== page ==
One of the key factors in achieving success in marine wildlife photography is understanding camera settings. We’ve put together some useful tips and tricks that will help you understand the different marine wildlife field settings when out on the ocean and how to use them effectively to capture stunning photos on our wildlife photography tours.


These are the settings that we generally use for research/photo id’s with adjustments for light or particular marine wildlife encounter conditions:

Drive mode: Continuous

Spinner Dolphin Spinning

A spinner dolphin (Stenella longirostris) spins by accelerating through the water with rapid pumps of the tail, then muscles a tight twist as it breaks the surface.

Marine wildlife captures can be incredibly fast-paced, and each moment is crucial. Continuous (or “burst”) shooting will enable you to get more versions of the same frame, allowing you to choose the picture with the most detail, locking on to your wildlife subject while tracking movement.

Remember though, that when you’re in continuous shooting mode keeping your finger pressing on the shutter button will keep shooting until the camera is filled. So make sure you have plenty of media cards. Ditto for extra batteries.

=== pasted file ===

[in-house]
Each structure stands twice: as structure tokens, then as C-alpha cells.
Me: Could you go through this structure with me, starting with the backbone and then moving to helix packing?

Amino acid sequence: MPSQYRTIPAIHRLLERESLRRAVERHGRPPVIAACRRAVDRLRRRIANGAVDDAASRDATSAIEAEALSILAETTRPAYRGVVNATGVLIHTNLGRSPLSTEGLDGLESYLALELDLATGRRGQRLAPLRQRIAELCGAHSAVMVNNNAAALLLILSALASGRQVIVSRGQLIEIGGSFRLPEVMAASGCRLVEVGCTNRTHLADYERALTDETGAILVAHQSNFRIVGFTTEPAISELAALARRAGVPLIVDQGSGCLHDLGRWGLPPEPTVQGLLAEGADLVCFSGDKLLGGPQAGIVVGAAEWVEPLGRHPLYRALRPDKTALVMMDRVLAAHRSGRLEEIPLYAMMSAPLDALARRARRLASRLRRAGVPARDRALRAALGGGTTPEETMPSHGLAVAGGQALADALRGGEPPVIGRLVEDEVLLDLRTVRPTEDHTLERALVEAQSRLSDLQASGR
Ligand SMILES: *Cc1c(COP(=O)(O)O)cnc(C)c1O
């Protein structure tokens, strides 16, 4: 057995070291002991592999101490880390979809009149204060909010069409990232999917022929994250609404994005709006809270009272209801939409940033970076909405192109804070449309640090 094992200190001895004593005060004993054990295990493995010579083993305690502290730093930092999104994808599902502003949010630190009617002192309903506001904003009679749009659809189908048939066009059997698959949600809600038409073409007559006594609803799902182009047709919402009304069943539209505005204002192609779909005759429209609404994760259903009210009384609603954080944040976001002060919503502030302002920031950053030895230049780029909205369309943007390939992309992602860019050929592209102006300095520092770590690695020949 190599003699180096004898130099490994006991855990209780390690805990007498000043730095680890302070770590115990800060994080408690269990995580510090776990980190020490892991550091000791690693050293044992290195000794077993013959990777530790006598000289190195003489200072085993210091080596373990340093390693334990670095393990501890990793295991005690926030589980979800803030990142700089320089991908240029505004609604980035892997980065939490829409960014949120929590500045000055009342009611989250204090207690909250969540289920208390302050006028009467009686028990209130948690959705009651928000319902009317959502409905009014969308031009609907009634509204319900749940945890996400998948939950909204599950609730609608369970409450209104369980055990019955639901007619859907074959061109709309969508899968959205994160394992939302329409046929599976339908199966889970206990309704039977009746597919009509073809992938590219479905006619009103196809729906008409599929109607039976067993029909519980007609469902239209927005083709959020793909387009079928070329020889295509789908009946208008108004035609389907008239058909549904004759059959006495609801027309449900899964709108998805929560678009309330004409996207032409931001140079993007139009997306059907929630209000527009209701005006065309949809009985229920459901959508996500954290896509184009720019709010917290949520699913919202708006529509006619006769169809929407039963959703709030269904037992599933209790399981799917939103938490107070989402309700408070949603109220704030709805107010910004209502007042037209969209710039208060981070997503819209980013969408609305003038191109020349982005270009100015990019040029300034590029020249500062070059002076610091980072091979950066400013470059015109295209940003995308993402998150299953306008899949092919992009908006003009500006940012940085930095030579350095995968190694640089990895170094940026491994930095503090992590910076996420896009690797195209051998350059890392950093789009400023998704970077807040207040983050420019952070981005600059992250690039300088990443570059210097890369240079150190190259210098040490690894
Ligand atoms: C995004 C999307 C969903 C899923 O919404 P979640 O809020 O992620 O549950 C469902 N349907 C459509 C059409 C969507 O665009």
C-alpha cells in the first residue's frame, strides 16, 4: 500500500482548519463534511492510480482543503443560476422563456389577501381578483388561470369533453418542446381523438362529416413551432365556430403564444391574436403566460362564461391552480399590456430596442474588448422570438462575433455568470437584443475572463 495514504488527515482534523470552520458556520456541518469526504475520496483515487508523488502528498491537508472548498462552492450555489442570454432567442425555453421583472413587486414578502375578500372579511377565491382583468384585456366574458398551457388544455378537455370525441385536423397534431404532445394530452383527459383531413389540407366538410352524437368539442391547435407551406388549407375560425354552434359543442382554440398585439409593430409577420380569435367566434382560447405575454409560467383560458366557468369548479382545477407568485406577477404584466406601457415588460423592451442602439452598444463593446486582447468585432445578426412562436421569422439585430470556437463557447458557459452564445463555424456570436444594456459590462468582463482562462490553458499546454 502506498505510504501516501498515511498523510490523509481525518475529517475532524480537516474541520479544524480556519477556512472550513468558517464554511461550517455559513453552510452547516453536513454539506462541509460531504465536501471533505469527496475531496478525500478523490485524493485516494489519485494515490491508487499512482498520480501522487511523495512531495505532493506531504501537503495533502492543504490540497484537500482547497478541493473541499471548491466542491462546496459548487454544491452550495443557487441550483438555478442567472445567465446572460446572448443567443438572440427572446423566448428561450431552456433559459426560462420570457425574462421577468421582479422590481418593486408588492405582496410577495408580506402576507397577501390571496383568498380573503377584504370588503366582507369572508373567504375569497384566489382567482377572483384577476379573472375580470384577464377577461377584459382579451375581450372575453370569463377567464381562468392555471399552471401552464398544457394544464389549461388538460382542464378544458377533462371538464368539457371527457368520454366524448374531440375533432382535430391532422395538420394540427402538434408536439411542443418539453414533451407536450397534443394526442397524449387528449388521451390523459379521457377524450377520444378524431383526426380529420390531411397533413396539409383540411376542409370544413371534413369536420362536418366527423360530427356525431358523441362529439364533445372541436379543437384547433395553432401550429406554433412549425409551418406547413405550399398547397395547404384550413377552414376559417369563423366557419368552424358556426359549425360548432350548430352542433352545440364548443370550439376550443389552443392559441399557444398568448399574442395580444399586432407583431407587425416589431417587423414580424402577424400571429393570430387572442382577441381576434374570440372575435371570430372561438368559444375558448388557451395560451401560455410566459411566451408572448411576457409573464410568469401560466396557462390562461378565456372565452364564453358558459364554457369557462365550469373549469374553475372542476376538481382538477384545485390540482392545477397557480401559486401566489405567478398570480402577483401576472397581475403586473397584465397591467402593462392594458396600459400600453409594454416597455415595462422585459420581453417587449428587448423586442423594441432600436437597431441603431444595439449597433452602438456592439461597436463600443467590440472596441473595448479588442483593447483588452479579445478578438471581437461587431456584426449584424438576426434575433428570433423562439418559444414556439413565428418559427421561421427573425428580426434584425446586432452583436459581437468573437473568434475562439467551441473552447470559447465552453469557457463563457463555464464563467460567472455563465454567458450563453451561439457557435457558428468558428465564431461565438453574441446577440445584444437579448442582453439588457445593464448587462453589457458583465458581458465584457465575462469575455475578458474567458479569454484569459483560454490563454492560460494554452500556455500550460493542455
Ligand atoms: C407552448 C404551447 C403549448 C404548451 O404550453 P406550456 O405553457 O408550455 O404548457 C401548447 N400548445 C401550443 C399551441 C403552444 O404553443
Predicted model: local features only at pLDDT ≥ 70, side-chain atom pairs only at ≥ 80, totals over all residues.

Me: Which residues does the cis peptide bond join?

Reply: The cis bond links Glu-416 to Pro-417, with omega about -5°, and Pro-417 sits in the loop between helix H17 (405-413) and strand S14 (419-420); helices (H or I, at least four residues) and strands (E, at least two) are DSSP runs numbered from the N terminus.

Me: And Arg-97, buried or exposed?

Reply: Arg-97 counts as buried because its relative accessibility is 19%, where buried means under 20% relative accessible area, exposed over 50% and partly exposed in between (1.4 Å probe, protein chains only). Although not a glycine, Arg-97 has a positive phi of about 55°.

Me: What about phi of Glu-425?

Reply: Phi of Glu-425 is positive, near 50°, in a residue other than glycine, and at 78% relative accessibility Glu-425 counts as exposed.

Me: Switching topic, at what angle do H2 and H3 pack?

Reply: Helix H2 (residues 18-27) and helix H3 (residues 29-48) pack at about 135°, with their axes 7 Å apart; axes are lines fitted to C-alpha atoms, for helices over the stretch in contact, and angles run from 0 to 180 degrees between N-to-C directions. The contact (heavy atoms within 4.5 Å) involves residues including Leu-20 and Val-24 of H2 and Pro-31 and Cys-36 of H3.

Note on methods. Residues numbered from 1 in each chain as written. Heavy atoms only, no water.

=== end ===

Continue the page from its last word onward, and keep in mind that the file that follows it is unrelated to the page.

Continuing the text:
NOTE: We don’t usually suggest Back Button Auto Focus unless both you and your subject are stationary (uncommon with marine wildlife and being onboard a boat).

Focus: AI Servo Canon, AF-C Nikon (tracking subject)

Essentially what this setting does is to continuously track your initial focus point and readjust the focus accordingly.

Alternative Auto Focus (AF) Focus Modes

Optimally – use the smallest AF area you can successfully keep on the animal (from birds to whales!). Use what works and don’t hesitate to switch:

Nearly stationary, fairly close, animals of various sizes

Canon – Single-point AF
Nikon – AF-C Nikon, or Dynamic Area AF with 9 or 25 points (varies by camera model)
Nikon Z mirrorless – Dynamic Area AF with 9 or 25 points selected
Sony – Flexible Spot Small, Medium or Large with Tracking on

Moderate-speed action, large animals

Camera settings spinner dolphin calf wildlife photography spinner dolphin calf

Seeing ‘eye to eye’ bridge the gap between animal and human- connection. Evoking protection, gentleness and caring.

Canon – AI Servo
Nikon – AF-C Nikon, or Dynamic Area AF with 9 or 25 points (varies by camera model)
Sony – Zone with Tracking on

Fast Action Animals, Birds in flight

Canon/ Sort of Sony – Zone AF
Nikon – Group or Wide (Nikon Z)

These areas hold a number of AF points, giving a bit of a safety net over a single point. Point the AF area at the subject and the camera takes over, generally trying to focus on the first good bit of contrast it sees, usually with a close-focus priority bias, These types of AF areas seem more eager to achieve that initial lock than other AF options and do a better job at putting keepers on our cards in most scenarios. With almost all dolphin species will be in a constant state of motion, we love a quickly locked focus.

With mirrorless, we may use Subject Detection and/or eye detection for shots that animals that fill a good bit of the viewfinder, have a fairly distinct face/eye, and we can keep them in relative position/focus.